The Brain Trust Method

Brainstorming is a part of a lot of jobs, whether you work on “creative” stuff or not, and whether you work alone or in groups. There are lots of good ideas in your head, and you just have to get them out.


Easier said than done.

But brainstorming for functional solutions is a little different than just being creative or extracting something new. It has to solve the problem, too. And in User Experience Design, if you’re not solving the problem, you’re just an expense.

The Brain Trust Method is something a colleague and I developed a few years ago, as a loose procedure for solving big, difficult problems (not little details) efficiently and creatively.

It is a way of keeping you focused, realistic, and objective, while still allowing your imagination to be unrestricted and your time to be spent wisely. Best of all, it gets results. We call it the Brain Trust because it allows you to trust your brain… it works with your intuition instead of against it.

The only rule is: the team goes into a room, follows the steps, and doesn’t come out until there is a solution. The longest I have ever been in a room with this method is 2 hours.

Step 1: Identify the Problem

If you don’t know what you’re solving, this will never work. So take a moment to discuss what the bottleneck is, or the difficulty in the current flow, or the part that requires lots of manual labor or searching or whatever. That’s your problem. One problem at-a-time is best for this method, but the bigger, the better.

For the sake of example, I will use a real problem we solved with this method: We were designing a piece of software that salespeople used to book banner campaigns on news sites. Those sales teams had a person with the painful responsibility to review sales data in a gigantic Excel file and adapt the team accordingly. This took one person a whole afternoon, once per week, and the rest of the sales team not only depended on it, but had to wait for it.

We thought that seemed stupid, so that was our problem. Step 1, complete.

Step 2: In a Perfect World…

One you have identified your problem, you switch gears and do the exact opposite: Imagine a future where your problem no longer exists. This is where you are allowed to be unrealistic. Forget time, money, skills, and resources. Just imagine the problem has been solved in an ideal way, and say — out loud — what that allows the user to do instead. What is the new behavior that has replaced the old problem?

Now, you might be reading this and thinking I am full of shit. Where are the wireframes and user testing?! If so, you’re missing the point.

Our objective is not to focus on the design, but to imagine an impossibly perfect result, regardless of the solution. It puts you in a frame of mind where you leave the details of the current, problematic solution behind, and start thinking of “possibilities” instead of “difficulties”. You’re solving the problem now, not building on top of it.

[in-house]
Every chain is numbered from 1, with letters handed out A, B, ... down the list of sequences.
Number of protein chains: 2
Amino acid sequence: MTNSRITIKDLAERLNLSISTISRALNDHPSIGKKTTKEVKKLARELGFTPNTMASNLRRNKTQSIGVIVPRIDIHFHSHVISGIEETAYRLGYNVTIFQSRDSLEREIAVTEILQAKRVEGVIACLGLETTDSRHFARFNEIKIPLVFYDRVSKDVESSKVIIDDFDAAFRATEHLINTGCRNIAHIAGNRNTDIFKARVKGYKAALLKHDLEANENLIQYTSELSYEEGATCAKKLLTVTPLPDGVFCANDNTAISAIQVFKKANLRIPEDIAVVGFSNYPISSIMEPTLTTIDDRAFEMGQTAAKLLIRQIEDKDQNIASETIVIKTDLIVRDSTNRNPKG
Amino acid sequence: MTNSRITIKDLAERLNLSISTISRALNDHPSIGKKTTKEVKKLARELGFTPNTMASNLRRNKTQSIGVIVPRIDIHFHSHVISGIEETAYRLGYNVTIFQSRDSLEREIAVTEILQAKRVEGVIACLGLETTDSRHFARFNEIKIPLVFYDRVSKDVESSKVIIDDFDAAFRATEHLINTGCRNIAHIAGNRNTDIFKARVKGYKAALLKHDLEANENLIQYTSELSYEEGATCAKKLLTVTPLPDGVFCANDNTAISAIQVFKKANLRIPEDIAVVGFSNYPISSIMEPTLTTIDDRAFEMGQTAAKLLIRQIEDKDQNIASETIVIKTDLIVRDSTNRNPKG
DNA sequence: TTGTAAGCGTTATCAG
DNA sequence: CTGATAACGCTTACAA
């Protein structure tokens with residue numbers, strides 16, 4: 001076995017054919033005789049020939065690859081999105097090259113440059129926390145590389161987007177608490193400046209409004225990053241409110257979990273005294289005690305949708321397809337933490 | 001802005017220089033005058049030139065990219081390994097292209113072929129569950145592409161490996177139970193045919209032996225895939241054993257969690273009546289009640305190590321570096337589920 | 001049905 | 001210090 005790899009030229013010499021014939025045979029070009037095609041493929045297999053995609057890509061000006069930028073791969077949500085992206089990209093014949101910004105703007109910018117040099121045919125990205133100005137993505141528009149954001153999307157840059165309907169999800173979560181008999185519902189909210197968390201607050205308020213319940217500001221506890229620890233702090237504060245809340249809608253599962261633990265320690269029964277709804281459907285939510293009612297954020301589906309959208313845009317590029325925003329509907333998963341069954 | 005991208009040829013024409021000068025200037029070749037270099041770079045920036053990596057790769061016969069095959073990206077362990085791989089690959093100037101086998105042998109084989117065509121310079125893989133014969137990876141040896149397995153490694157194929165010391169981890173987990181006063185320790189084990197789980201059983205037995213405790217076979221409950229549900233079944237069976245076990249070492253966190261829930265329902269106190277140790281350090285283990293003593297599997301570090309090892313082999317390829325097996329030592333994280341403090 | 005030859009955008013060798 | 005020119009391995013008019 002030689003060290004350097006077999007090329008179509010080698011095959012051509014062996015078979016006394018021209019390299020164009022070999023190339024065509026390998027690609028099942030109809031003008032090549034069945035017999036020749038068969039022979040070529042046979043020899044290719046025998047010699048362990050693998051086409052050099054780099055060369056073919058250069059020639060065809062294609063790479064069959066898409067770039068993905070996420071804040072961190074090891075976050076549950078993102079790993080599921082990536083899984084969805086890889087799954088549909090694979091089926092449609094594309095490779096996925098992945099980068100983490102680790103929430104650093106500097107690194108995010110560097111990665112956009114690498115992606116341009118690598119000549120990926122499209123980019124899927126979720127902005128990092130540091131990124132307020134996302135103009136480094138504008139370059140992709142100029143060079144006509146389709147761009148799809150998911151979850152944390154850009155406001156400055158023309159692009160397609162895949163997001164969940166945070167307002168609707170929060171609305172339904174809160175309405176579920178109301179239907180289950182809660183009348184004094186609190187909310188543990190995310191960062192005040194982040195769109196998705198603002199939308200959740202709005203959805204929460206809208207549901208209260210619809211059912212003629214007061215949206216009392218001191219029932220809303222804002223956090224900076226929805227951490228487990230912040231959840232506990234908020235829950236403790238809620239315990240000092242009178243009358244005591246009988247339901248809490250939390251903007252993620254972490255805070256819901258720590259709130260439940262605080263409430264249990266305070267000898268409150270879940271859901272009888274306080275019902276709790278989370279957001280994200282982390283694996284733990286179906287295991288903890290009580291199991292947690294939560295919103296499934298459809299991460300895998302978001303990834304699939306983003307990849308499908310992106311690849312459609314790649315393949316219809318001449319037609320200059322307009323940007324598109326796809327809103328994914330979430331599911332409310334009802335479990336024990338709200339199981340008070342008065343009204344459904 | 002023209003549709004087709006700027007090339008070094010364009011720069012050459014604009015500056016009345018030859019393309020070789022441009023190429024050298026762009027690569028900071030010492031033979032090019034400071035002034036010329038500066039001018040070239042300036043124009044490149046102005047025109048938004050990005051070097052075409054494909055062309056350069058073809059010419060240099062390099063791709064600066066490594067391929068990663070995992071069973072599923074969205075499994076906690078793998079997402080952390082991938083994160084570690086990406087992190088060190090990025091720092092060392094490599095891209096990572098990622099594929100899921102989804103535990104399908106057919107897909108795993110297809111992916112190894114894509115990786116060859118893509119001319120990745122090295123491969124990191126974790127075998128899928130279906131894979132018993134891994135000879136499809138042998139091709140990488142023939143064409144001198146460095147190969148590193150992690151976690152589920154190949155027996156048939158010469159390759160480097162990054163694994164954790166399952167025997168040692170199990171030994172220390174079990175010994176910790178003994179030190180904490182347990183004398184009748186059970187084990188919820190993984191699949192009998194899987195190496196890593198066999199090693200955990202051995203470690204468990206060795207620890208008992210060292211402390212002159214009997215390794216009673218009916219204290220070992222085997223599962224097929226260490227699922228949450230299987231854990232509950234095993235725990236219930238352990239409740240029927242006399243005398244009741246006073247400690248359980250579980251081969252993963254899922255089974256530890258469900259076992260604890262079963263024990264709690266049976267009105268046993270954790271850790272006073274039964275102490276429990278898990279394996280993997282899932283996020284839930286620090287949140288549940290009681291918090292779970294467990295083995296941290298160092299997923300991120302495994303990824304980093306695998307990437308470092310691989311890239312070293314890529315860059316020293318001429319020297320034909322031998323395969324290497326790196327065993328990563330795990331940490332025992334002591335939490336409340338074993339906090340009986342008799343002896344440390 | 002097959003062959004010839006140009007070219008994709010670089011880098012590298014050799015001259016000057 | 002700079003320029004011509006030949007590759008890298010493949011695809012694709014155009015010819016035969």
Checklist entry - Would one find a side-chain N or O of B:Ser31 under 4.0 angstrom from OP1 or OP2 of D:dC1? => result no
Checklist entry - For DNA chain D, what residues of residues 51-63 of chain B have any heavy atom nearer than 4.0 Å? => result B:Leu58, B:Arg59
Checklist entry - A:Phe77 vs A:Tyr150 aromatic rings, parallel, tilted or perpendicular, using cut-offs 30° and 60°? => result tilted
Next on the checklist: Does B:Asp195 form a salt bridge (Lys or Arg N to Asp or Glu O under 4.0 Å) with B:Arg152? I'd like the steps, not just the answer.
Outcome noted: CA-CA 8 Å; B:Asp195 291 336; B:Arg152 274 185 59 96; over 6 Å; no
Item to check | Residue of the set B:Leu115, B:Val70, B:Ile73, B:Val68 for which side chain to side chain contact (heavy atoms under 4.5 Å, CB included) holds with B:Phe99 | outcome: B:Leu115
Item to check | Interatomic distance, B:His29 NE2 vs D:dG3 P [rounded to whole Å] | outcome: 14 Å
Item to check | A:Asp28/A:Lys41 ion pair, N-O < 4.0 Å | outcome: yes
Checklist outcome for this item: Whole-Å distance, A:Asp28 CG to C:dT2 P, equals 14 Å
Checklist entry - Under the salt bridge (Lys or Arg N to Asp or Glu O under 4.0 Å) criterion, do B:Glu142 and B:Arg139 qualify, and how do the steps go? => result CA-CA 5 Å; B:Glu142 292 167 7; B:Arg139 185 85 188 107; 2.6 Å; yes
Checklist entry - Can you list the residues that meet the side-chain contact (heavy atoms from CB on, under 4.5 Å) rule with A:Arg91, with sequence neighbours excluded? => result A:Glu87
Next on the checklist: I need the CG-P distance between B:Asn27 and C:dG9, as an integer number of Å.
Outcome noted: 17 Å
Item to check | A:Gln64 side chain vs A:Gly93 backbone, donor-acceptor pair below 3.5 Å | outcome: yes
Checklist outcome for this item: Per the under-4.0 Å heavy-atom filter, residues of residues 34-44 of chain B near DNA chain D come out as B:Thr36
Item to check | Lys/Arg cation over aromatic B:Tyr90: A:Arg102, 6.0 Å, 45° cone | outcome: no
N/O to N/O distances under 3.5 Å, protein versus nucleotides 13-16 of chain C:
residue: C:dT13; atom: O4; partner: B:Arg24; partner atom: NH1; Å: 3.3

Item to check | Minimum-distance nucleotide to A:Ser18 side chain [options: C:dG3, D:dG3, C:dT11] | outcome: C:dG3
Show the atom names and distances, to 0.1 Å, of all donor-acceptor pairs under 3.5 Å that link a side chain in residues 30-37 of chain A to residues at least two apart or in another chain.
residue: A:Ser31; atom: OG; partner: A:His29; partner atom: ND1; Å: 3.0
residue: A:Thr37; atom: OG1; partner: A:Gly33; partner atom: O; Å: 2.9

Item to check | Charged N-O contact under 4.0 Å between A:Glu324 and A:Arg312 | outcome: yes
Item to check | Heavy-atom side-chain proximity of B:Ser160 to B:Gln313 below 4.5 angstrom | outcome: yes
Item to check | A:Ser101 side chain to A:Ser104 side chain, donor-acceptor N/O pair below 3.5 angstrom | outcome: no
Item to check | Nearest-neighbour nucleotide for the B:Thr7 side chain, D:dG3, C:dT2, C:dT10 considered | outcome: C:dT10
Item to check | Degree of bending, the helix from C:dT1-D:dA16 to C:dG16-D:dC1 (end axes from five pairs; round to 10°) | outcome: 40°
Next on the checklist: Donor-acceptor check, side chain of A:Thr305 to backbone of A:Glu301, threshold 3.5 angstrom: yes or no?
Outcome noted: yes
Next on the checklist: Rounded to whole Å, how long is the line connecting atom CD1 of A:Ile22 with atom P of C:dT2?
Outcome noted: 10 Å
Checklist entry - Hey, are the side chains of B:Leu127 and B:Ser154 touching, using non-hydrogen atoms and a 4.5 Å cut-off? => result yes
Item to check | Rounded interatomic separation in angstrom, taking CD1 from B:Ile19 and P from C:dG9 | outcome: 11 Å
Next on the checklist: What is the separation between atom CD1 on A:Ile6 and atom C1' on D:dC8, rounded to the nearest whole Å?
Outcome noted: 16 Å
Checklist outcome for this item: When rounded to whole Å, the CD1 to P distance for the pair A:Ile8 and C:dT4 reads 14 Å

In our case, we said “Well, ideally every salesperson should have this information in front of them so they can describe it on the phone as they sell. Then they would click what they want, and it would be sold, and everybody else’s screen would update. Done.”

Doesn’t seem unreasonable, until you remember that we were talking about a manually updated Excel sheet with hundreds of columns and rows. All numbers. All independently changing.

Step 3: Work backwards…

So now you know what your harsh reality looks like — The Problem — and what the perfect solution looks like… so what’s the difference between them?

In this step, you should start by naming the parts of the Perfect World behaviour that are magical (i.e., not possible), and then discuss what you could do to get as close to that as possible.

“Well, we don’t have X, but we can do Y, and to get Y we need Z…” and so on. You may not get all the way to the Perfect Solution, but you’d be surprised how close it is sometimes.

In our example, we realized that a computer could calculate the inventory of the products and subtract whatever had been sold, so that was part of the perfect world that was doable. Not the simplest thing to build, it turns out, but doable. Check!

Our real challenge was the speed in Perfect World. It had to be so easy-to-read that you could use it and talk on the phone at the same time. Nobody can read an Excel spreadsheet of numbers that fast, so that had to change.

It took about 45 minutes to solve that.

First, to simplify the Excel sheet, we realized that percentages were easier to read than straight inventory numbers. But 2000 cells of percentages is still a lot of information, and not great for finding trends, etc. We needed something easier than numbers. Then we had the epiphany. If you put the percentages on a scale of colors (red = 0%, yellow = 50%, green = 100%) and made all of the cells colors instead of numbers, voila! A heatmap of inventory data. Even a kid could point to the products that were selling well.

In the end, the final solution was damn close to our Perfect World scenario. You could analyze trends, products, and inventory in a second or two, months in advance or in real-time, and you could select the cells you wanted to book and hit “enter”, all while on the phone. Colors would change before your eyes!

We had never seen that problem solved in that way, and yet, in a relatively short meeting, we fixed it with the Brain Trust Method.